WASHINGTON (AP) — Armed airline pilots may be at risk of discharging their weapons on planes because of cumbersome rules imposed by Congress and the Transportation Security Administration, a group representing the pilots said Tuesday.
A 2002 law prohibits pilots from carrying their guns outside the cockpit without a trigger lock, and as a result they must frequently affix or remove trigger locks during flights.
That law and the TSA policy that goes with it may be responsible for a March 22 incident in which a pilot accidentally discharged his weapon on U.S. Airways Flight 1536 from Denver to Charlotte, N.C., said Mike Karn, security chairman of the Allied Pilots Association, the union that represents American Airlines pilots. The gun went off as the Airbus 319 was 8,000 feet in the air and 10 minutes from landing.
Photos obtained by The Associated Press showed a small exit hole on the plane's exterior below the cockpit window. The pilot later told police the gun went off while he was trying to stow it as the crew got ready to land. It was the first time a pilot's weapon was fired on a plane since the certification program was created after the Sept. 11, 2001, terrorist attacks.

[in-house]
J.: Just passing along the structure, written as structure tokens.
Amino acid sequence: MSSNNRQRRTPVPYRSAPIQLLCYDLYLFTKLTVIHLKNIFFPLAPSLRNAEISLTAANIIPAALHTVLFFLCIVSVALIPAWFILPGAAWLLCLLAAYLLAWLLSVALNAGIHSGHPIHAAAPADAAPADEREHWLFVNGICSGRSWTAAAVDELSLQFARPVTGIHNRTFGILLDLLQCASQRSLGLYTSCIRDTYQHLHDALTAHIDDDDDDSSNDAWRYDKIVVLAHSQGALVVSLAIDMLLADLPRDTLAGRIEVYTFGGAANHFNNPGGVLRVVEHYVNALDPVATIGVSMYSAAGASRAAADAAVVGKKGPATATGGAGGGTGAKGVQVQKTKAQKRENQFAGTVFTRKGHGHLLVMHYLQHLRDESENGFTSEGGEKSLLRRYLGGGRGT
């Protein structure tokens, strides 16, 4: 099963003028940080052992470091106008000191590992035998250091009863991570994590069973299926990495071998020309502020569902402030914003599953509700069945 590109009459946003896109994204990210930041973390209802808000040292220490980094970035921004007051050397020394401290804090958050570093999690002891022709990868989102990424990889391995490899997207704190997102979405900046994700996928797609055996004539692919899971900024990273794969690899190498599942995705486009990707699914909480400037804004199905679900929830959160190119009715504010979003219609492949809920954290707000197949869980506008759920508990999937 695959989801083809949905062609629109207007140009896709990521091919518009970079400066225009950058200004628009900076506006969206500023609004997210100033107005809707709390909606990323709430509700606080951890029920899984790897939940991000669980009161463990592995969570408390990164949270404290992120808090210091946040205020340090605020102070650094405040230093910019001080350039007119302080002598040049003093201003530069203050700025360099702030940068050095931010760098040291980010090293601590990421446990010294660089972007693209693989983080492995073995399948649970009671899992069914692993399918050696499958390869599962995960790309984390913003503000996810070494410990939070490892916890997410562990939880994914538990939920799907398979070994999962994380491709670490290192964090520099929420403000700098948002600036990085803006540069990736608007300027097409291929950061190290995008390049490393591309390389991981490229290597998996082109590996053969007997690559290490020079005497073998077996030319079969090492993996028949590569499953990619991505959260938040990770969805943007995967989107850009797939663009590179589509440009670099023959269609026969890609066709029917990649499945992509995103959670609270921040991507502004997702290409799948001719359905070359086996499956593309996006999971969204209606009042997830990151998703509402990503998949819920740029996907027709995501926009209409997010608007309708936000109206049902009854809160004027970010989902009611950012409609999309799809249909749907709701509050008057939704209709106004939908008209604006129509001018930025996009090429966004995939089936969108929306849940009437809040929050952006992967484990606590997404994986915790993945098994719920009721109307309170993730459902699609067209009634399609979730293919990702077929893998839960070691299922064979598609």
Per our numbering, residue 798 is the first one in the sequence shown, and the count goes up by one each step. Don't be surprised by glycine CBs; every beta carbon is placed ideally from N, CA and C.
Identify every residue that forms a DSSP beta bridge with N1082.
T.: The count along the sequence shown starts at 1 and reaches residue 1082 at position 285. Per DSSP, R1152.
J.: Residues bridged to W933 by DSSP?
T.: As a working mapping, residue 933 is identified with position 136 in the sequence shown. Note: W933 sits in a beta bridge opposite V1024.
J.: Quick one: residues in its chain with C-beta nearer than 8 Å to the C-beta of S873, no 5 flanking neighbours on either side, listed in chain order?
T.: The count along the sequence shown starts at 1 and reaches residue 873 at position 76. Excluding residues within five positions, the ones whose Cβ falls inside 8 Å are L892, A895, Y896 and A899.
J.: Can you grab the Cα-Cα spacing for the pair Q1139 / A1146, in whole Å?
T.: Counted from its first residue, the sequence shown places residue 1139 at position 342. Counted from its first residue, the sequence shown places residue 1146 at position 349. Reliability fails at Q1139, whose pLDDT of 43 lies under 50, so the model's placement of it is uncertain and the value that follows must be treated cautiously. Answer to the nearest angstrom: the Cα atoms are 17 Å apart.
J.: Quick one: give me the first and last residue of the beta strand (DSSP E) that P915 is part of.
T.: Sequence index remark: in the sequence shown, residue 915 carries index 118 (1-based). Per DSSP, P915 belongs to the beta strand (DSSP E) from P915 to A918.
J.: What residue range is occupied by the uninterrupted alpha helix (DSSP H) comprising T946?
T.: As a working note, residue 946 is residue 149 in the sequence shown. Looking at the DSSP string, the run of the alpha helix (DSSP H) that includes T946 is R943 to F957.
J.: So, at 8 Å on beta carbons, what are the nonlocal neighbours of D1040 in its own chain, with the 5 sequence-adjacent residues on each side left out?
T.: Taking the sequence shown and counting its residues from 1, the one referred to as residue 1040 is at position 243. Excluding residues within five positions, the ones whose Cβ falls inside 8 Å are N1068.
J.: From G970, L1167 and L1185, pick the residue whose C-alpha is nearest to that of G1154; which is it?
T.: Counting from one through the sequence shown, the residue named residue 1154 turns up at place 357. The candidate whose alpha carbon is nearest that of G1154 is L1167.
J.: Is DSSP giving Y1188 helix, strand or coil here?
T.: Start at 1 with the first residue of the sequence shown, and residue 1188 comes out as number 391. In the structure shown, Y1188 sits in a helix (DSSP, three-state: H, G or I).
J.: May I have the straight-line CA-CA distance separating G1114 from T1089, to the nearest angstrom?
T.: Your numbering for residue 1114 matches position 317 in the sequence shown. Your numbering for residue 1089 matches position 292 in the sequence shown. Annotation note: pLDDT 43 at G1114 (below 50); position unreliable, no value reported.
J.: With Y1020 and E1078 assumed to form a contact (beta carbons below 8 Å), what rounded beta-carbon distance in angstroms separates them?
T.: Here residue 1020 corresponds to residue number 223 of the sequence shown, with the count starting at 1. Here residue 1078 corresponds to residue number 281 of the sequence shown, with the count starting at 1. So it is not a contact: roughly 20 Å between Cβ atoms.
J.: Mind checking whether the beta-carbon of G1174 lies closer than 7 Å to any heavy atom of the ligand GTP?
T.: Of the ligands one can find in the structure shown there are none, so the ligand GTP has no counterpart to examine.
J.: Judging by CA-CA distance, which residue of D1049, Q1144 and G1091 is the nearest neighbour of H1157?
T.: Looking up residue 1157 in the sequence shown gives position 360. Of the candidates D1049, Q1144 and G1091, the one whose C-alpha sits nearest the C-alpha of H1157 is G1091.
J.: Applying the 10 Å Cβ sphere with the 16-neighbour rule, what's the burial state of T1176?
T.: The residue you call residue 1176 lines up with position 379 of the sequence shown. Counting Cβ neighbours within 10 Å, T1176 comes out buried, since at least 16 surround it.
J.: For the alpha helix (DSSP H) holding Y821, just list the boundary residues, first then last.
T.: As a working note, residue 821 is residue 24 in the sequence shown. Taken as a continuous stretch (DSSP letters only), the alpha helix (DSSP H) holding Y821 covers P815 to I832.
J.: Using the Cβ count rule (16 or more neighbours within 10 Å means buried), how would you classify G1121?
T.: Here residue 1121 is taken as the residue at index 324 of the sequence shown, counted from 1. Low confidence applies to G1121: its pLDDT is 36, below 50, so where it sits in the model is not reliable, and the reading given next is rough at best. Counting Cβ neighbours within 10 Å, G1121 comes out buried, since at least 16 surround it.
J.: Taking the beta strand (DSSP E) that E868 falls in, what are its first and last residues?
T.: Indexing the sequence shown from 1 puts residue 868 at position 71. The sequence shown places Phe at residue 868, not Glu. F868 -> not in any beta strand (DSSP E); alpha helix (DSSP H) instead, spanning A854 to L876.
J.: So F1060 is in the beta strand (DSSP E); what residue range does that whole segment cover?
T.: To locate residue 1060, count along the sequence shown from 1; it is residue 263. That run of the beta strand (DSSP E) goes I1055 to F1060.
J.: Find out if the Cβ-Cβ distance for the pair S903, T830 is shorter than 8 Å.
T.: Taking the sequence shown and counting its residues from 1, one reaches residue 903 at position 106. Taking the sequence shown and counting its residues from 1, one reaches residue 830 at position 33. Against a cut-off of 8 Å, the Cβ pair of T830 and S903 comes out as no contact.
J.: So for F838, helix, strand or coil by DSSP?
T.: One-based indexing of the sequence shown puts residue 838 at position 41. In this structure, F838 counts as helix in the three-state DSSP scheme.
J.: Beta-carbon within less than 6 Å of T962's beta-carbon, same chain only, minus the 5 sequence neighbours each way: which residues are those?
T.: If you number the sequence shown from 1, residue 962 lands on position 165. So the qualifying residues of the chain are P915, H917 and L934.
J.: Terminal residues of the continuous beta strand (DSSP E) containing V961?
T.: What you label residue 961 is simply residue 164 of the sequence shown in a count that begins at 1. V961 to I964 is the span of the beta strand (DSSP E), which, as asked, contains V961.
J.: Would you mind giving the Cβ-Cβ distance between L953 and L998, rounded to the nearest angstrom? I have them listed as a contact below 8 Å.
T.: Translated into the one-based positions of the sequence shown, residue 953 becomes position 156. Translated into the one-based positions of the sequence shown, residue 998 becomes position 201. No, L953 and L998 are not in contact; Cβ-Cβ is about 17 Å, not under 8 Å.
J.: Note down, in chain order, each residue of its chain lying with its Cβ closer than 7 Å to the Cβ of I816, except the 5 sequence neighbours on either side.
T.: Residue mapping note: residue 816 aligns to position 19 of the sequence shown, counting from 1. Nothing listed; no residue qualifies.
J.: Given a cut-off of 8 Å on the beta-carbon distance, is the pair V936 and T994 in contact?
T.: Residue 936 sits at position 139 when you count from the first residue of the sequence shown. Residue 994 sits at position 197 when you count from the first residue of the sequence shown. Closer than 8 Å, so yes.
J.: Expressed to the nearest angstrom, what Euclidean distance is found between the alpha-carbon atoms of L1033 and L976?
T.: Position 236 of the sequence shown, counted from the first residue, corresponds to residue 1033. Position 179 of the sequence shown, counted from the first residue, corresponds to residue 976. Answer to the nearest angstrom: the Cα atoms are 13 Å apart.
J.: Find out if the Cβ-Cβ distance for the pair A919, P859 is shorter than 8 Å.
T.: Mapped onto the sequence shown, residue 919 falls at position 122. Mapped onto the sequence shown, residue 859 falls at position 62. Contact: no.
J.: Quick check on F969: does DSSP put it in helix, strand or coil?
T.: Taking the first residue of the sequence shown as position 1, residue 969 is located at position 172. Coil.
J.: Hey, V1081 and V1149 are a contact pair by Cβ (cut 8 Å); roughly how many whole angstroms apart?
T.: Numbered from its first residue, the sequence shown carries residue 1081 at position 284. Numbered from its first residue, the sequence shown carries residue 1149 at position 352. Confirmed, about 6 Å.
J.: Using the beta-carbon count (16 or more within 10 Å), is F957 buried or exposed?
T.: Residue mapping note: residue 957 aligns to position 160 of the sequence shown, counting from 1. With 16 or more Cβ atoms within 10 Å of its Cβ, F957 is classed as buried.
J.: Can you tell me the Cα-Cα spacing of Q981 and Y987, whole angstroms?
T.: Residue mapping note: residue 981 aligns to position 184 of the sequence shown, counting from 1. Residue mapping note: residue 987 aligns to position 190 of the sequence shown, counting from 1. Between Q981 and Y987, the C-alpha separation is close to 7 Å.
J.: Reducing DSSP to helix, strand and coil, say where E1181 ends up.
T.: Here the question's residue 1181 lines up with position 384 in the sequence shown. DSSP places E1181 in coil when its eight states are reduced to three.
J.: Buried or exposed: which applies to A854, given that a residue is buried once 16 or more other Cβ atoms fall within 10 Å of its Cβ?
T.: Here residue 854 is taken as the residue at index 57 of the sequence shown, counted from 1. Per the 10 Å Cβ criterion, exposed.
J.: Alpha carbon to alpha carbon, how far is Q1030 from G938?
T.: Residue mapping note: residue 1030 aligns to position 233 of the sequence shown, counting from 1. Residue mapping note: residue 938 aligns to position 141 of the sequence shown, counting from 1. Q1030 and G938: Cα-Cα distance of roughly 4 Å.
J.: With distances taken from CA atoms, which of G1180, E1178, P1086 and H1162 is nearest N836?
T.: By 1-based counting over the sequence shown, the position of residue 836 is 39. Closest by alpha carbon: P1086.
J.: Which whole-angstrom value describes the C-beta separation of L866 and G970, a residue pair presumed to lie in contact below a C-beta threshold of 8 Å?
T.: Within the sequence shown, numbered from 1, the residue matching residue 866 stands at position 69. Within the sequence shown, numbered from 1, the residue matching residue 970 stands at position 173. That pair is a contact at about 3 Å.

The gun and the special holster it must be carried in can be jostled in such a way during the flight that the weapon could discharge by accident, according to a video description posted on the Internet YouTube site. An industry source familiar with the policy said the video was an accurate portrayal of the rules. The industry source requested anonymity because he was not authorized to talk about sensitive security policies.
The Transportation Security Administration would not comment on the details of the current policy, citing security concerns. But spokesman Greg Alter said the video presents a hypothetical situation.
"The incident that occurred aboard an in-flight aircraft on March 22, 2008, was a one-of-a-kind occurrence," Alter said.
He said the current policy was "consistent with long-standing law enforcement practices." TSA was investigating what happened March 22.
"Any lessons learned will be implemented," he added.
Officials with the Federal Flight Deck Officers association, which represents armed pilots, said the current policy is flawed and should be changed.
Armed pilots have covered millions of flights since the program launched in April 2003.